It has been generally been accepted within the health community that using restraints on clients in either hospitals or long term care homes can help prevent falls or increase their sense of security.

But that’s a myth, according to the supporters of Saskatoon Health Region’s revised restraint policy for mechanical and environmental restraints.

Health worker assisting patient injured by restraints

Restraints, once thought to help keep clients safe, can actually lead to critical injuries, which is why the Saskatoon Health Region has rolled out a new policy called Least Restraint that cuts back on their use.

Saskatoon Health Region’s Least Restraint policy maintains that applying restraints to clients may actually increase their risk of injury, both physically and mentally, as they can impact a person’s psychological and social well-being.

A review of the policy was prompted by several critical incidents involving restraints within the Health Region. Clients were being injured by the devices meant to keep them safe.

“It seemed to be an ongoing issue,” noted Lana Prystai, RN and Professional Practice Leader and one of the supporters of the new policy. “Although we may know better, we continue to resort to restraints. We know we can do better.”

The Region-wide newly revised Least Restraint Policy, which is now in effect, is meant to reduce the use of restraints and have the use of the least restrictive restraint for the least amount of time.

There are certainly times when the use of restraints is appropriate, Prystai stated – instances where a client repeatedly attempts to remove their intubation, for example, or when someone’s safety or the safety of others is in jeopardy. But according to the new policy, restraints should be used only when all other alternatives have been exhausted.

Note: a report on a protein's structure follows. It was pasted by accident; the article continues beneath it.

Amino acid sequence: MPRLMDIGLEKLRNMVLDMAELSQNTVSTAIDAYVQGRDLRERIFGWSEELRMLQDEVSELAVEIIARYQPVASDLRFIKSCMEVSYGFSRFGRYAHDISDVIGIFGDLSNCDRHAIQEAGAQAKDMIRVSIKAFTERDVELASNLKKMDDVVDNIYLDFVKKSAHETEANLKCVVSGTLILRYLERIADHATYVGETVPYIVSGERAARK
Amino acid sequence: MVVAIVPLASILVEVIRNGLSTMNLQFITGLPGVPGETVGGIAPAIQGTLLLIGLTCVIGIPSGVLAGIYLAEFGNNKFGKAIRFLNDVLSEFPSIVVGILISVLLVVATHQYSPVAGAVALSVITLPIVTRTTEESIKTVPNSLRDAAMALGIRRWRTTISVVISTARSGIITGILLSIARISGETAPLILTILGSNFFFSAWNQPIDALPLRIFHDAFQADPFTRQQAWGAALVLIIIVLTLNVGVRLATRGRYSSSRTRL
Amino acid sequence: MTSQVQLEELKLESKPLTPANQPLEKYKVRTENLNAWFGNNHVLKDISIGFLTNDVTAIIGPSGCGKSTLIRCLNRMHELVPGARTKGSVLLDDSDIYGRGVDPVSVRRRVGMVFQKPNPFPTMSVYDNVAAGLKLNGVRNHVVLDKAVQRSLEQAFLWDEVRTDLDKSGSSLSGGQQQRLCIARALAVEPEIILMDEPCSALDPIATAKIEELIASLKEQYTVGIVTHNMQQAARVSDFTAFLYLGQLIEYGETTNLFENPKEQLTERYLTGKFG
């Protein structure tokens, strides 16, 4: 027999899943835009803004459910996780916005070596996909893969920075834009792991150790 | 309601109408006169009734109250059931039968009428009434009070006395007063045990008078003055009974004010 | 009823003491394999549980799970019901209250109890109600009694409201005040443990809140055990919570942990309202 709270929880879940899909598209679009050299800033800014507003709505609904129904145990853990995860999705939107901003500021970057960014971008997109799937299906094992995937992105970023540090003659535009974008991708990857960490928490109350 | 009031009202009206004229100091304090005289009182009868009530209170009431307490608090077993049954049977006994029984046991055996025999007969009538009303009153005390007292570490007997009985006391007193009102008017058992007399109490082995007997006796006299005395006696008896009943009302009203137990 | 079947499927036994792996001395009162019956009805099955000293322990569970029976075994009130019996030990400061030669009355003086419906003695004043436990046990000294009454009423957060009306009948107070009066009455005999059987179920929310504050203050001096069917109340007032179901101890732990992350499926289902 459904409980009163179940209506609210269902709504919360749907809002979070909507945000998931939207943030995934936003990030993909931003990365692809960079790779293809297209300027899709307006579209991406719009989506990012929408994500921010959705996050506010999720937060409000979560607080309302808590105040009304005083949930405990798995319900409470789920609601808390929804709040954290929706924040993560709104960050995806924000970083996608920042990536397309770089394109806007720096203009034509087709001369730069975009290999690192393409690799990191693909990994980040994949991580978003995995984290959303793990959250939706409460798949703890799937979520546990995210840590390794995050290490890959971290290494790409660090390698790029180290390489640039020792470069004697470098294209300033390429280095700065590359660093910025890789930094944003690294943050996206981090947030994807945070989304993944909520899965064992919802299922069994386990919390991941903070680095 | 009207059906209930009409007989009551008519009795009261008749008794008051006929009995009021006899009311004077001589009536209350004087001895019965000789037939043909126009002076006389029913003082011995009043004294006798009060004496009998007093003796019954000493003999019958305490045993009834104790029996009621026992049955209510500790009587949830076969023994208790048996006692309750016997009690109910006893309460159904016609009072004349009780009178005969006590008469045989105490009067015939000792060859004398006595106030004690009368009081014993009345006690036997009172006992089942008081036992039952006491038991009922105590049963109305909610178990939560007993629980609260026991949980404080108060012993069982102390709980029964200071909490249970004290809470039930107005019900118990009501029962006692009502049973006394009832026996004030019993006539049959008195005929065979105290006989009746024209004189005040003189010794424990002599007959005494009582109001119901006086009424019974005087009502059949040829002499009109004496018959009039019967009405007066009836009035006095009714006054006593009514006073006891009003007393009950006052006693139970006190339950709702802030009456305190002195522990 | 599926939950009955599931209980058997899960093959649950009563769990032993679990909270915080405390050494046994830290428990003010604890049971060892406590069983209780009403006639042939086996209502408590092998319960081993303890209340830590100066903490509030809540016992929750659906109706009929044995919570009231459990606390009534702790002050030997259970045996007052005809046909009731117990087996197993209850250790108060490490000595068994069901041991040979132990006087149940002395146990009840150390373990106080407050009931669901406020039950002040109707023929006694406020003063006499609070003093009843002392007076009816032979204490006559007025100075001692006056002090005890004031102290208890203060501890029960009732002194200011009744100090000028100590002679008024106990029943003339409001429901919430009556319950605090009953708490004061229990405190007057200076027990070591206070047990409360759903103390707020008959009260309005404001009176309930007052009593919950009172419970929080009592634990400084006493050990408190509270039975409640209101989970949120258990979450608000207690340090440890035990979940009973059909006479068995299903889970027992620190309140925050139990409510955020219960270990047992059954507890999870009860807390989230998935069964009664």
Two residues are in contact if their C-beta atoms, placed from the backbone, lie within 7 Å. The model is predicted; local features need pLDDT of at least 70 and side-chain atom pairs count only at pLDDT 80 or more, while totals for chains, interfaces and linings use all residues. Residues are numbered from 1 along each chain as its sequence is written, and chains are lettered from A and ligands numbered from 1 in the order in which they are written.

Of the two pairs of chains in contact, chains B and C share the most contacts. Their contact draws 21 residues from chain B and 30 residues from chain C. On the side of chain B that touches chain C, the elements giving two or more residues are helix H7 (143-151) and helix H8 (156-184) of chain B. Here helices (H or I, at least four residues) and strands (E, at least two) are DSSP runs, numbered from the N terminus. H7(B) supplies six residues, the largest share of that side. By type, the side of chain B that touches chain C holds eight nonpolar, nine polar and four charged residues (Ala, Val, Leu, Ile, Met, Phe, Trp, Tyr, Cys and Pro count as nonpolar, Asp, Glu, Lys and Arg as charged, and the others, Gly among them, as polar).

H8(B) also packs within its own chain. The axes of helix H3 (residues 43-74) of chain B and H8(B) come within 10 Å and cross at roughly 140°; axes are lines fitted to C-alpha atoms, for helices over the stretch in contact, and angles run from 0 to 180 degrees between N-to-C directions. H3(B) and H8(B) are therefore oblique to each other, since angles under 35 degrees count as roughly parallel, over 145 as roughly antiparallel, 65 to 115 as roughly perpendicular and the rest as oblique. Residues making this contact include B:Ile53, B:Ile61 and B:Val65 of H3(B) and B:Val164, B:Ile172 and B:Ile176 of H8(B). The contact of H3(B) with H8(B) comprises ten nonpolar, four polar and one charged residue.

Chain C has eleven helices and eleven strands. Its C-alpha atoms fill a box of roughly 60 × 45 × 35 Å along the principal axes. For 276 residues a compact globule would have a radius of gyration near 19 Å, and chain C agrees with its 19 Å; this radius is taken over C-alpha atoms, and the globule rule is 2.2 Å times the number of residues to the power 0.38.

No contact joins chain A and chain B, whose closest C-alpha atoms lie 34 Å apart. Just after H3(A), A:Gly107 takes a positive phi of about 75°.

The revised policy asks staff to conduct an extensive assessment of the client and the reasons why restraints are being considered, to use restraints only as a last, temporary measure, to choose the least restrictive restraints possible, and to diligently monitor those restrained. Restraints are not meant to be a long-term solution, so if a form of restraint is used, the need for it should be reviewed consistently and often.

The changes embedded by this revised policy will necessitate a culture shift for staff in the Region.

“For years, we’ve been told that restraints keep people safe,” said Daphne Kemp, Regional Fall Reduction and Injury Prevention Coordinator with Saskatoon Health Region, another supporter of the new policy. “But now we realize that restraints can be considered a risk, and are not a safety device.”

To change the traditional way of thinking about restraints and their use will take everyone’s participation, but the team behind the new policy is certain it will affect the client experience in a positive way.

The Least Restraint policy was piloted in three acute care and long term care homes within the Region, and has now been rolled out for the entire Region. The revision took 18 months and included research and feedback from staff, clients, and families.

More information on the Least Restraint policy can be found at Saskatoon Health Region’s website.